The story is not true but it does capture the flavor of a place where rigging voting machines was not completely unheard of, and where political shenanigans were more or less openly acknowledged. Earl Long, for example, is reputed to have regularly told people, "When I die I want to be buried in Louisiana because I want to stay active in politics."
The late Daley J. "Cat" Doucet, who was one of the most colorful of a list of colorful sheriffs of St. Landry Parish, reportedly had a tried-and-true method for getting his vote to the polls. He'd visit the poorer districts of the parish before the election and distribute a new shoe to each of his supporters. Just one shoe.
His voters didn't get the other shoe until after the election, and then only if Cat carried the precinct.
Dudley J. LeBlanc, state senator and gubernatorial candidate from Vermilion Parish, used flattery. During one of his campaigns, he visited an influential fellow in south Louisiana, a staunch leader in the Catholic Church. Dudley had just been to visit the pope, or so he said.
LeBlanc talked politics about a half an hour with the man, got up to leave, then snapped his fingers and turned back. "I almost forgot," he said. "You know, when I visited the pope, I thought about you."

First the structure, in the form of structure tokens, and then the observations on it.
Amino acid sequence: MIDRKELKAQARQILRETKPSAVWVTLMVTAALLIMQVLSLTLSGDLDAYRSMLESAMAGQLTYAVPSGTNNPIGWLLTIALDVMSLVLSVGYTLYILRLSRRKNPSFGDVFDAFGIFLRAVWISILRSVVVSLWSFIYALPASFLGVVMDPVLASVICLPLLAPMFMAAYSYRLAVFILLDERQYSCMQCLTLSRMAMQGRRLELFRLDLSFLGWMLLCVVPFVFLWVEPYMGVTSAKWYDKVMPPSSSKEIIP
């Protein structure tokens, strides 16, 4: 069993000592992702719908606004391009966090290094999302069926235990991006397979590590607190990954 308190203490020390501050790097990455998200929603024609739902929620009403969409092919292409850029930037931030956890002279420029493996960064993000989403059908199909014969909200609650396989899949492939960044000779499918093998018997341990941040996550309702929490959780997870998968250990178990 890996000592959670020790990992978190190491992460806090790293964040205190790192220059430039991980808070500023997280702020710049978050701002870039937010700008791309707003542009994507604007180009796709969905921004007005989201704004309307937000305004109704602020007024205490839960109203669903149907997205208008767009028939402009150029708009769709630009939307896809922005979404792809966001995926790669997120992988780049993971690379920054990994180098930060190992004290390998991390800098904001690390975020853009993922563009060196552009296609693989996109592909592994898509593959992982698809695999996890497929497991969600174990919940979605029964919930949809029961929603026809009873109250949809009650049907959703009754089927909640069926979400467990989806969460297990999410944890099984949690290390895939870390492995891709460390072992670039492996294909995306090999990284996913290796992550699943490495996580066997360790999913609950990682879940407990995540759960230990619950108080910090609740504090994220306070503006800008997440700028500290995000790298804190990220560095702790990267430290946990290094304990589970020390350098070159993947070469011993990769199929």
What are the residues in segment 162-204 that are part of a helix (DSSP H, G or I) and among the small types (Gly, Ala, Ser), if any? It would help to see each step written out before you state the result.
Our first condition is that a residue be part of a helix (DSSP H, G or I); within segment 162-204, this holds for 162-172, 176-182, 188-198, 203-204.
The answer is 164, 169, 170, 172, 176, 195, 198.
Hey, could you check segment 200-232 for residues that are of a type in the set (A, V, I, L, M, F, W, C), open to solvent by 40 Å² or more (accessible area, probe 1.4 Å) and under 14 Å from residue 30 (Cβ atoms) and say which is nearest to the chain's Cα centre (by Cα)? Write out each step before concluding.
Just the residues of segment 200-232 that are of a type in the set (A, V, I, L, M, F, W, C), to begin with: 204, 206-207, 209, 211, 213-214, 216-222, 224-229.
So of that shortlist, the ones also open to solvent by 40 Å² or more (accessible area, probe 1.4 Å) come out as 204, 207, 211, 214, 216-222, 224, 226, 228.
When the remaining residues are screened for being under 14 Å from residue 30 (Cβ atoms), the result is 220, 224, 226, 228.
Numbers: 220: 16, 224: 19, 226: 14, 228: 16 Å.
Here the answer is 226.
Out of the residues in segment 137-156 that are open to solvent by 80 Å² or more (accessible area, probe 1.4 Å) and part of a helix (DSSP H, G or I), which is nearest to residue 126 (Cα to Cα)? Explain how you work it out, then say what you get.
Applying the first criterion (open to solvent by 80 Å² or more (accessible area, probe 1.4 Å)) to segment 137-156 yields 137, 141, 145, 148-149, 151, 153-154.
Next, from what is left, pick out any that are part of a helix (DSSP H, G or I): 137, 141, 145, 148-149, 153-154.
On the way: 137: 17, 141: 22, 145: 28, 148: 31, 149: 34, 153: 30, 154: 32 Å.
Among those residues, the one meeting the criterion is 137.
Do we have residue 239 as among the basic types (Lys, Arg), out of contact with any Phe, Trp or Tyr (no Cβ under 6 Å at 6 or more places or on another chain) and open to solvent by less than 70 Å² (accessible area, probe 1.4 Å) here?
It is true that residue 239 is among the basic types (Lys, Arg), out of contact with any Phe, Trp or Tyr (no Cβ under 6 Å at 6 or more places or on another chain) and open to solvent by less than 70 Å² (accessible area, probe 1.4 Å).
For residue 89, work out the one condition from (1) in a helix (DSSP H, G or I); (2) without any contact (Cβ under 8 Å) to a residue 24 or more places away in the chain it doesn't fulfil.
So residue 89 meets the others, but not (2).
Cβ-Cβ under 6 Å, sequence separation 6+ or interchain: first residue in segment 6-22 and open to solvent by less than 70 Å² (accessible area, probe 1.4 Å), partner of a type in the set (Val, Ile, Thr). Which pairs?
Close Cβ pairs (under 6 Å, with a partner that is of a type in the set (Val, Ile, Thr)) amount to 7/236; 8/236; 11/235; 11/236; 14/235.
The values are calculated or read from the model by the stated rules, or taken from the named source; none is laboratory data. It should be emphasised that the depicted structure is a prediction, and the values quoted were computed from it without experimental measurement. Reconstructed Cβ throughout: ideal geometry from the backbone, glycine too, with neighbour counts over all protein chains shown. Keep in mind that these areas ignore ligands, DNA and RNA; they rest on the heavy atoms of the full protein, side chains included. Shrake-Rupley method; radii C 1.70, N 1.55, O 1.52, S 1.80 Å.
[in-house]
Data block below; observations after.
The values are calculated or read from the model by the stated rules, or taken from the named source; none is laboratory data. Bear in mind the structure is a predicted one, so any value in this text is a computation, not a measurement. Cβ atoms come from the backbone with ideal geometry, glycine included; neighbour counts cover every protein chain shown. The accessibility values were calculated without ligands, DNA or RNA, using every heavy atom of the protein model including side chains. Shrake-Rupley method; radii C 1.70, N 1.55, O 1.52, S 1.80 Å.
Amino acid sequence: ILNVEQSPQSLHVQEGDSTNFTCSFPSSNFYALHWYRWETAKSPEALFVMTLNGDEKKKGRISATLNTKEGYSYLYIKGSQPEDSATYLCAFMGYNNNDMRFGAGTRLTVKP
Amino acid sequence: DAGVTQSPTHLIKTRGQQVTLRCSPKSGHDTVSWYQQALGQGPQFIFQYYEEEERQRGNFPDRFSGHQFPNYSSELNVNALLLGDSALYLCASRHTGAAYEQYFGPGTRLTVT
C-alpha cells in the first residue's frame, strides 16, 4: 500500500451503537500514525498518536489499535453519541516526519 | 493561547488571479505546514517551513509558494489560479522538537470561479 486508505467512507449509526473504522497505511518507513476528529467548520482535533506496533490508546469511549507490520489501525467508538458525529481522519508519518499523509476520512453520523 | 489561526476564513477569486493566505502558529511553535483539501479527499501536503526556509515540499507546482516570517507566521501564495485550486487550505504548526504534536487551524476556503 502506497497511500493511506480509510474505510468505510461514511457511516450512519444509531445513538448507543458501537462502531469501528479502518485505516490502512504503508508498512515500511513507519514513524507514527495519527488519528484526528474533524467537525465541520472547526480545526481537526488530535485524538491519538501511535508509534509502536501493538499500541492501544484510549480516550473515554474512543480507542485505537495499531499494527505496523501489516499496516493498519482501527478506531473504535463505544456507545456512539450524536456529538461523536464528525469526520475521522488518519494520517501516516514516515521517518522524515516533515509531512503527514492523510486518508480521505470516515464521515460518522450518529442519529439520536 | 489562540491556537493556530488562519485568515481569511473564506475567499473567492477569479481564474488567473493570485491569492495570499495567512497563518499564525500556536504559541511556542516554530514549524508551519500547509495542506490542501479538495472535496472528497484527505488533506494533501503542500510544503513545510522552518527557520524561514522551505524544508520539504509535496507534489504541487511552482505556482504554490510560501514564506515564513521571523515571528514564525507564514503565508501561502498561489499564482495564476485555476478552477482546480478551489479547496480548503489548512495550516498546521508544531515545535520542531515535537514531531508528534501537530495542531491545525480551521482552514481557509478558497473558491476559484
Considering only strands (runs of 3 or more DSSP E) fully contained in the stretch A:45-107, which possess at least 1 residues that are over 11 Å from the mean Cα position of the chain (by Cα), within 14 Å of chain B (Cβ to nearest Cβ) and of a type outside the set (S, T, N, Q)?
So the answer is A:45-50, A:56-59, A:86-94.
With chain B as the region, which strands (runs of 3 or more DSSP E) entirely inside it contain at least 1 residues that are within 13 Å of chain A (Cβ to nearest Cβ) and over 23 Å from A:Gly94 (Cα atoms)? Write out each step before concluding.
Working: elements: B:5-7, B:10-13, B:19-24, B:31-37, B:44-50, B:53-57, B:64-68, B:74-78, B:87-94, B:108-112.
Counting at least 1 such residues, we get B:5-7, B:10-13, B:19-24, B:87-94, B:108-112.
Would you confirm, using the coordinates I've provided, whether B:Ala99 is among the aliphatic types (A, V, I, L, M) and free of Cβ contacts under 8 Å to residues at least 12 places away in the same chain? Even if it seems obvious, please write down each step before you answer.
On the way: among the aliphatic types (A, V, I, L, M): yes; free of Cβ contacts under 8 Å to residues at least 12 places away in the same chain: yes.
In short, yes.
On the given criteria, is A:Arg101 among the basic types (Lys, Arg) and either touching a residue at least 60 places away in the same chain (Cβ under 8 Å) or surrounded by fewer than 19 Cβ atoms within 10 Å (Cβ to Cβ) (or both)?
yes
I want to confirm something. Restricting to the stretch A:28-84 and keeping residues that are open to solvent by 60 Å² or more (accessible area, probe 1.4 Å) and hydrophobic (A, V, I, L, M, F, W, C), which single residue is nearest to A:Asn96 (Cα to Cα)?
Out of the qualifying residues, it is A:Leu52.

He went to his car and returned with a shoebox filled with identical religious medals. He fumbled through the box, picked up one, looked at it, picked up another, looked at it, went through half a dozen or so.
Then his eyes lit up. "This is the one," he said," handing over a medal exactly like every other one in the box. "This is the one I had the pope bless especially for you."
Warren J. "Puggy" Moity was a classic campaigner - ask any television station manager who sat with his hand poised over the "bleep button" while Puggy was on the air. Moity once ran for four different offices, from state to local level, all in the same election, just so he could "campaign against" (read that, "ridicule in sometimes salty terms") any of his political enemies no matter what they were running for.
"What happens," he was asked, "if you should actually win all four?"
"Oh," he said. "I'll just keep the highest one and quit the others."
And then there were always tricks that could be played on election day--even before Uncle Earl told the world that with a proper mechanic he could make the old voting machines do anything he wanted them to do, including "whistle 'Dixie'."
In the days of paper ballots, for example, election rules provided that a ballot was not valid if there were any extraneous marks on it.
If I was a poll-watcher and thought you voted against my candidate, I'd use the eraser end of my pencil to push it well down into the ballot box, "to be sure nobody can fool with it."
The ink I smeared across the tip of my eraser made an illegal mark and spoiled the ballot, of course. But you didn't need to know that.
You can contact Jim Bradshaw at firstname.lastname@example.org or P.O. Box 1121, Washington LA 70589.